Reader Profile – Mr. Book (Jason Vigorito)


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Jason Vigorito is a graduate of Penn State University. He is a former bookseller and freelance ghostwriter for clients from Boston to Washington D.C. He is currently a librarian in eastern Pennsylvania, freelance editor, and online manager for a tourist company in Jackson, Wyoming. He’s also helped organize and run eight book clubs, primarily in new York City, New Jersey, and Pennsylvania. You can find Jason online as Mr. Book on Facebook and Litsy.

 

What are you reading now?

Bibliomysteries: Stories of Crime in the World of Books and Bookstores,” edited by Otto Penzler. I’m also working through G. K. Chesterton’s “The Complete Father Brown Stories.” And I’m listening on audio to Walter Isaacson’s latest, “Leonardo da Vinci.”

Are you a fiction or non-fiction reader?

I’m both equally. Regarding non-fiction, I have a passion to learn about the world around me in the present and the past, and I love to read the thoughts passed along by great people. Regarding fiction, I thoroughly enjoy immersing myself in the made-up worlds and fantasies of imaginative minds; they reflect reality in poignant ways that non-fiction has difficulty producing.

Share a favorite quote from a book you’ve read. Why is it meaningful to you?

I have two, both from Winnie-the-Pooh. (Sometimes something comes along that lodges in your heart and takes up permanent residence in your brain.)

“How lucky I am to have something that makes saying goodbye so hard.”

“Some people care too much. I think it’s called love.”

To the former, I have said goodbye to a great many people, and every time I have, I’ve realized how lucky I am to have had our paths cross. To the latter, I’m constantly told I care too much–which seems to fall in line with my philosophy of giving everyone love.

What book would you love to see made into a movie? Who would play the lead role?

The Holy Man,” by Susan Trott. What a unique and mesmerizing movie that would be! The lead role would be played by me in 30 or 35 years, lol–short, unassuming, soft-spoken, and around retirement age.

What book are you recommending that everyone read right now?

With so many forces trying to bring everyone down a notch over the past few years, I think a positive, reflective, encouraging book is in order. I recommend two: “The Magic of Thinking Big,” by Dr. David J. Schwartz; and, for the more creative types, “Art and Fear,” by David Bayles. They will remind you of your intrinsic greatness.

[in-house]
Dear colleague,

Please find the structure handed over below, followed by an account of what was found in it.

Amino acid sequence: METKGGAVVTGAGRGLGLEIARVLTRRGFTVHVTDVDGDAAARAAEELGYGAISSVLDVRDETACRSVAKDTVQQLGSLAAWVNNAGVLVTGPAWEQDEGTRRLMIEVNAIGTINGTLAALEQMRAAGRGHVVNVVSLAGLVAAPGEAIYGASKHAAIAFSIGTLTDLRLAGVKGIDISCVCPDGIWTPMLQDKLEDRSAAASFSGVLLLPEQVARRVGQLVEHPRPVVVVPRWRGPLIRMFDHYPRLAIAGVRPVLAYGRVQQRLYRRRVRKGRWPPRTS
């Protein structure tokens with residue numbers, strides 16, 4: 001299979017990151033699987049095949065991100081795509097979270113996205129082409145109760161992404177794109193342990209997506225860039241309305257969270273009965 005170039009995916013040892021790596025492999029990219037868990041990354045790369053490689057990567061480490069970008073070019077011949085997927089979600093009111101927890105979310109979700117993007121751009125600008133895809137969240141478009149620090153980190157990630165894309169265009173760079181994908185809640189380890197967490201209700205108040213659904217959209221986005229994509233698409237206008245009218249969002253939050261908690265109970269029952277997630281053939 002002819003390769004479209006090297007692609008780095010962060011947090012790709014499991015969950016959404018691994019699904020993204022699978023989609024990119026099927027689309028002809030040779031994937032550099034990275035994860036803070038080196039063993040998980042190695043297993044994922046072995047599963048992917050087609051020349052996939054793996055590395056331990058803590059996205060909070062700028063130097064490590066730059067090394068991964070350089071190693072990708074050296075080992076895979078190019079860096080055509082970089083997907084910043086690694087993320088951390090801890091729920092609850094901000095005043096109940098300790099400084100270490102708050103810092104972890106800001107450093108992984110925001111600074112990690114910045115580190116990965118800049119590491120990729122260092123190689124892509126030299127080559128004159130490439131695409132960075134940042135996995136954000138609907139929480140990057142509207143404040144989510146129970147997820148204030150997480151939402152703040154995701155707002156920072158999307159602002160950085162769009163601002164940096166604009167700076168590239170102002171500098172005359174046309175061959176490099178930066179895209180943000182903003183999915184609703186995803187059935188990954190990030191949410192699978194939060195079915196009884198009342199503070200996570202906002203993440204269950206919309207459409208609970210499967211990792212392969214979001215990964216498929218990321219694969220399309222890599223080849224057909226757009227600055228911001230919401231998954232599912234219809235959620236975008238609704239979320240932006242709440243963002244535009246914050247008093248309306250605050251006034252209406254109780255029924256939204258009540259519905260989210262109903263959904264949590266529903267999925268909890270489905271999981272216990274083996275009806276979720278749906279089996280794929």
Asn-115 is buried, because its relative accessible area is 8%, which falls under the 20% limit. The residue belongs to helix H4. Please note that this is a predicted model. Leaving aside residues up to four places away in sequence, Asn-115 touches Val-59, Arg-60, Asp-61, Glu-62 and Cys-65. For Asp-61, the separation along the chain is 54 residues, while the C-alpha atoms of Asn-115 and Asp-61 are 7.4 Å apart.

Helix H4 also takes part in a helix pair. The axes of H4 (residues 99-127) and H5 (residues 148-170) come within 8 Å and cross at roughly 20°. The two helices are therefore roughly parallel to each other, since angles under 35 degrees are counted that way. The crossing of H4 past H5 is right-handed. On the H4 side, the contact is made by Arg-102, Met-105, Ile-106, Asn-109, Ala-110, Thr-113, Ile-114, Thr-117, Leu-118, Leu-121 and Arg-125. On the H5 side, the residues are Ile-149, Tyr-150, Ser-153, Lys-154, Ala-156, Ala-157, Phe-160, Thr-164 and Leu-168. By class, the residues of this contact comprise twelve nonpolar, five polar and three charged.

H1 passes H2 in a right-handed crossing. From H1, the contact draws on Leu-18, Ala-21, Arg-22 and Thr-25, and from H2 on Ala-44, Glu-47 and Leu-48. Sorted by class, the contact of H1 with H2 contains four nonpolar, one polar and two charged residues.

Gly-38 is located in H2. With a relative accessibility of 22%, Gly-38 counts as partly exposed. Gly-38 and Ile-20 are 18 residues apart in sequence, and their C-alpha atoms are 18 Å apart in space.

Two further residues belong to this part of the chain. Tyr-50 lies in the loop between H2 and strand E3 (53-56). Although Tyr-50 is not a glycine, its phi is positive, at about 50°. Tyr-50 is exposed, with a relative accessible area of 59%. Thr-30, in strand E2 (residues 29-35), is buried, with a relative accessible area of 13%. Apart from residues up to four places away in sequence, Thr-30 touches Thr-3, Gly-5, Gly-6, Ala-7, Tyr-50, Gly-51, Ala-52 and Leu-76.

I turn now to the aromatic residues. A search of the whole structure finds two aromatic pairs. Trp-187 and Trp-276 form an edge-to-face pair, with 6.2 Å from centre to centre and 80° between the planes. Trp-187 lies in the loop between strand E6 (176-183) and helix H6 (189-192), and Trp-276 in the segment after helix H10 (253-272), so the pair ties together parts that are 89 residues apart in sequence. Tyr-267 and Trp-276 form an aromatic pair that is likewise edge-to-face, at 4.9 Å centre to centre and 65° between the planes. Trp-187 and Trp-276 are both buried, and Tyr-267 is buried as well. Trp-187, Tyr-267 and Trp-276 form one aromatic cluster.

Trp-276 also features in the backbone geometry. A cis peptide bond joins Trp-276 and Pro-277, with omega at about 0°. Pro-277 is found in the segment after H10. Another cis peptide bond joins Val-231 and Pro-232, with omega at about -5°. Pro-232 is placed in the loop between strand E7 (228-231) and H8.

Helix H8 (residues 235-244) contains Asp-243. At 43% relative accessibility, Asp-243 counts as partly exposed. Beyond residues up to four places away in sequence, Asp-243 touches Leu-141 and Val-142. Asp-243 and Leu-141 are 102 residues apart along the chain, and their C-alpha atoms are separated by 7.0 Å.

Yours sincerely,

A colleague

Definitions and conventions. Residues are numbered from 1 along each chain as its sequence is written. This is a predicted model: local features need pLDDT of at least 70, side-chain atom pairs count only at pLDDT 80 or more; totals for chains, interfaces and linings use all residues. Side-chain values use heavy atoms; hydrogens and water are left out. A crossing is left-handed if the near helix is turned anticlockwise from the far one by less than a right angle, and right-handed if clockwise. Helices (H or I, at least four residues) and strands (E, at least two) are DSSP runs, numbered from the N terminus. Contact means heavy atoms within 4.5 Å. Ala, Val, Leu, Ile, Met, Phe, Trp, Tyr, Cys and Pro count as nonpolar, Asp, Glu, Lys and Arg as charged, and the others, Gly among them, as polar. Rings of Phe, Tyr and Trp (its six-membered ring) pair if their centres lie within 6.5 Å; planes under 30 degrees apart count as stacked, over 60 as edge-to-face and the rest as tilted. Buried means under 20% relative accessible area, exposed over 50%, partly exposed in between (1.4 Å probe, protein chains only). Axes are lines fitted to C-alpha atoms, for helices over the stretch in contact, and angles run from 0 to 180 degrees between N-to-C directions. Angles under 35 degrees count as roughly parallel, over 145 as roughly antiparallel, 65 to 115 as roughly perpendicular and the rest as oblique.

Is there I book you feel is highly overrated?

This one gets tomatoes thrown at me. It’s “American Gods,” by Neil Gaiman: the story, not too bad, but sulky and almost too slapdash; the prose, dull and rudimentary. Granted, this book has been my first foray into Gaiman’s body of work and there is much more to discover, but I’ve been told repeatedly that his stories are magical and prose mesmerizing. Hopefully, AG is an anomaly.

What book changed your life, or changed how you view the world? In what way?

Two years ago, I finished Susan Wise Bauer’s “The History of the Ancient World: From the Earliest Accounts to the Fall of Rome“. No book has paradigm-shifted how I look at history, current events, and psychology, more than that book. Perhaps it is the macro-outline format, or maybe even that she isn’t a professional historian, but, man, that book brought me to some staggering realizations about civilization and humanity! She’s since written two more volumes up through the Renaissance, and each has solidified what I learned from the first.

Are there any other books that marked milestones in your life?

When I finished “The Count of Monte Cristo” and “Moby-Dick” before I entered high school. From then on, I turned much of my attention to my library’s adult books section. I knew if I could tackle those books and be triumphant, I thought I could handle anything the adults threw at me.

What book challenged you the most when you read it?

Probably the Riverside Shakespeare. It’s Shakespeare.

Does reading influence your decision-making process?

Absolutely. I’m regularly reminded of a book or two in which a similar situation occurred as a situation unfolds before me. Whether it’s self-help books or philosophy or even a thriller. Remember, always ask yourself: What would Reacher do?

Are you a finisher or do you stop reading a book?

I’m obstinate, I intend to finish what I start. I have bailed on books, but less than a handful. Even if I don’t like where a book is going, I learn what I don’t connect with.

Why do you read?

I love imagination, I hold wide wonder about the world, and I can’t stop learning. My brain runs on a V8 engine that doesn’t slow down. Reading is the best fuel for it.